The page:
});
    
     	app.UseSpa(spa =>
     	{
     		// To learn more about options for serving an Angular SPA from ASP.NET Core, see https://go.microsoft.com/fwlink/?linkid=864501
     		spa.Options.SourcePath = "ClientApp";
    
     		if (env.IsDevelopment())
     		{
     			spa.UseAngularCliServer(npmScript: "start");
     		}
     	});
     }
     
  12. Add a Controllers folder:

  13. Add an API controller: Select the Controllers folder. Press Shift + Alt + C. Select the Web category and choose API Controller Class. Name the Class HeroesController and click Add

  14. Add a constructor and a HeroContext property to the controller class. Inject the HeroContext object as a parameter into the constructor and assign it to the HeroesContext property:

     private readonly HeroesContext _context;
    
     public HeroesController(HeroesContext context)
     {
     	_context = context;
     }
     
  15. Replace the Get method with the following:

     // GET: api/<controller>
     [HttpGet]
     public ActionResult<IEnumerable<Hero>> GetAll()
     {
     	return _context.Heroes;
     }
     

    Please Note: It is a really really really BAD idea to pull an object directly from a database and hand it off to a presentation layer. Over time additional information may be added to the object and there are no measures in place to limit the information in the api response.

    Check the api call works by running the application and navigating to /api/heroes

    If you want to test that the Angular app is working with the new Api then in the app.module.ts file comment out the HttpClientInMemoryWebApiModule declaration in the imports array:

    Navigate to /heroes and you should see the heroes declared in the GetAll method.

    Nice

    Now let's finish the remaining api calls

  16. Replace the Put method with the following Update method:

     // PUT api/<controller>/5
     [HttpPut("{id}")]
     public IActionResult Update(int Id, [FromBody]Hero item)
     {
     	var hero = _context.Heroes.Find(item.Id);
     	if (hero == null)
     	{
     		return NotFound();
     	}
    
     	hero.Name = item.Name;
    
     	_context.Heroes.Update(hero);
     	_context.SaveChanges();
     	return NoContent();
     }
     
  17. You need to update the updateHero method in hero.service.ts to include the hero id in the route:

     /** PUT: update the hero on the server */
     updateHero(hero: Hero): Observable<any> {
     	return this.http.put(`${this.heroesUrl}/${hero.id}`, hero, httpOptions).pipe(
     		tap(_ => this.log(`updated hero id=${hero.id}`)),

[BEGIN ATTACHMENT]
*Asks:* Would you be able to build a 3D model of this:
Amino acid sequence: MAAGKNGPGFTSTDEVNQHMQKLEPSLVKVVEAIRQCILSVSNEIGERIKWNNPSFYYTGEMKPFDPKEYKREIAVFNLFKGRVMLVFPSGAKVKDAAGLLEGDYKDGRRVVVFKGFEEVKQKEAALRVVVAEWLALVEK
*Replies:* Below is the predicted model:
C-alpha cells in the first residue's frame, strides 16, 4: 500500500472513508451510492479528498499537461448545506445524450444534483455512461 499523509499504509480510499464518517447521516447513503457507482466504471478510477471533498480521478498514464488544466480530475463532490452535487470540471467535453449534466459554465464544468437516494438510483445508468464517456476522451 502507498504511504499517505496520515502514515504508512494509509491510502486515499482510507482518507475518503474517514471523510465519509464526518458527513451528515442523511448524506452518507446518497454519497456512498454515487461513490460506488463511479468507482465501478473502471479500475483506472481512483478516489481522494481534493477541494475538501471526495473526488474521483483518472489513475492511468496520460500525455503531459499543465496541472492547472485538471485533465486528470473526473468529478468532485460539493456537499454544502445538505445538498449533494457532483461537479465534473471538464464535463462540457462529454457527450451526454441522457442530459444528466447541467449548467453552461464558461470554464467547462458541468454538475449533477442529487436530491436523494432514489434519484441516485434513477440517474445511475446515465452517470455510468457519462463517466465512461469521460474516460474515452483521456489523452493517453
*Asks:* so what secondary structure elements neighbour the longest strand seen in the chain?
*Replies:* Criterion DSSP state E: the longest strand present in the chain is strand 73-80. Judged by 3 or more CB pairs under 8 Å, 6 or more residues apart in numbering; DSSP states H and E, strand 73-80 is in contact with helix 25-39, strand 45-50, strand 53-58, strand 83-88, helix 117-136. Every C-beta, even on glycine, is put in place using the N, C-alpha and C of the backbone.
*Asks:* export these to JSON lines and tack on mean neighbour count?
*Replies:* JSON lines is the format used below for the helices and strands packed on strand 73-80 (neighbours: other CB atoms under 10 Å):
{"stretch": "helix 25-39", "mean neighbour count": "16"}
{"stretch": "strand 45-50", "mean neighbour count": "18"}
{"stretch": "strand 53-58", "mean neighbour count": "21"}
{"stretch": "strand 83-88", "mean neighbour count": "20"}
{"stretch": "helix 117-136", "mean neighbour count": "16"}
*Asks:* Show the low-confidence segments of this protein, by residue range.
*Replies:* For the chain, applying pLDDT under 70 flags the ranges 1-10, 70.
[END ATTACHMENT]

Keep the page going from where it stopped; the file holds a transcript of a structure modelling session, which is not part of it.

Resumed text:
catchError(this.handleError<any>('updateHero'))
     	);
     }
     
  18. Replace the Post method with the following Create method:

     // POST api/<controller>
     [HttpPost]
     public ActionResult<Hero> Create([FromBody]Hero item)
     {
     	_context.Heroes.Add(item);
     	_context.SaveChanges();
    
     	return item;
     }
     

    If you test this by adding a new hero then you may receive an error

    This is because the Add(item) call assigns the hero object an Id of 1. Maybe I missed something but I think there is a bug when adding seed data via the HasData approach. Here is how I got around it.

    Create a method in the Startup class called AddSeedData and use the HeroesContext to add the data to the db:

     private void AddSeedData(HeroesContext context)
     {
     	if (context.Heroes.Count() == 0)
     	{
     		// Create a new TodoItem if collection is empty,
     		// which means you can't delete all TodoItems.
     		context.Heroes.Add(new Hero { Name = "Super Kid" });
     		context.Heroes.Add(new Hero { Name = "Mega Baby" });
     		context.Heroes.Add(new Hero { Name = "Hyper Girl" });
     		context.Heroes.Add(new Hero { Name = "Plastic boy" });
     		context.Heroes.Add(new Hero { Name = "The Dark Kite" });
     		context.Heroes.Add(new Hero { Name = "Blue Ray" });
     		context.Heroes.Add(new Hero { Name = "Bob" });
     		context.SaveChanges();
     	}
     }
     

    In the Configure method remove or comment out the context.Database.EnsureCreated(); and add a call to AddSeedData passing the context as a parameter:

     using (var serviceScope = app.ApplicationServices.CreateScope())
     {
     	var context = serviceScope.ServiceProvider.GetService<HeroesContext>();
     	// This will force the data seeding
     	//context.Database.EnsureCreated();
     	AddSeedData(context);
     }
     

    Remove or comment out the OnModelCreating method in the HeroesContext Class.

    Now if you add a new hero now then the object should be assigned an id that isn't already used.

  19. Replace the Delete method with:

     // DELETE api/<controller>/5
     [HttpDelete("{id}")]
     public IActionResult Delete(int id)
     {
     	var hero = _context.Heroes.Find(id);
     	if (hero == null)
     	{
     		return NotFound();
     	}
    
     	_context.Heroes.Remove(hero);
     	_context.SaveChanges();
     	return NoContent();
     }
     
  20. Finally modify the GetAll method to include a basic search by name:

     // GET: api/<controller>
     [HttpGet]
     public ActionResult<IEnumerable<Hero>> GetAll(string name)
     {
     	if (name == null)
     	{
     		return _context.Heroes;
     	}
     	else
     	{
     	return _context.Heroes
     		.Where(r => r.Name.ToLowerInvariant().Contains(name))
     		.ToList();
     	}
     }
     

The end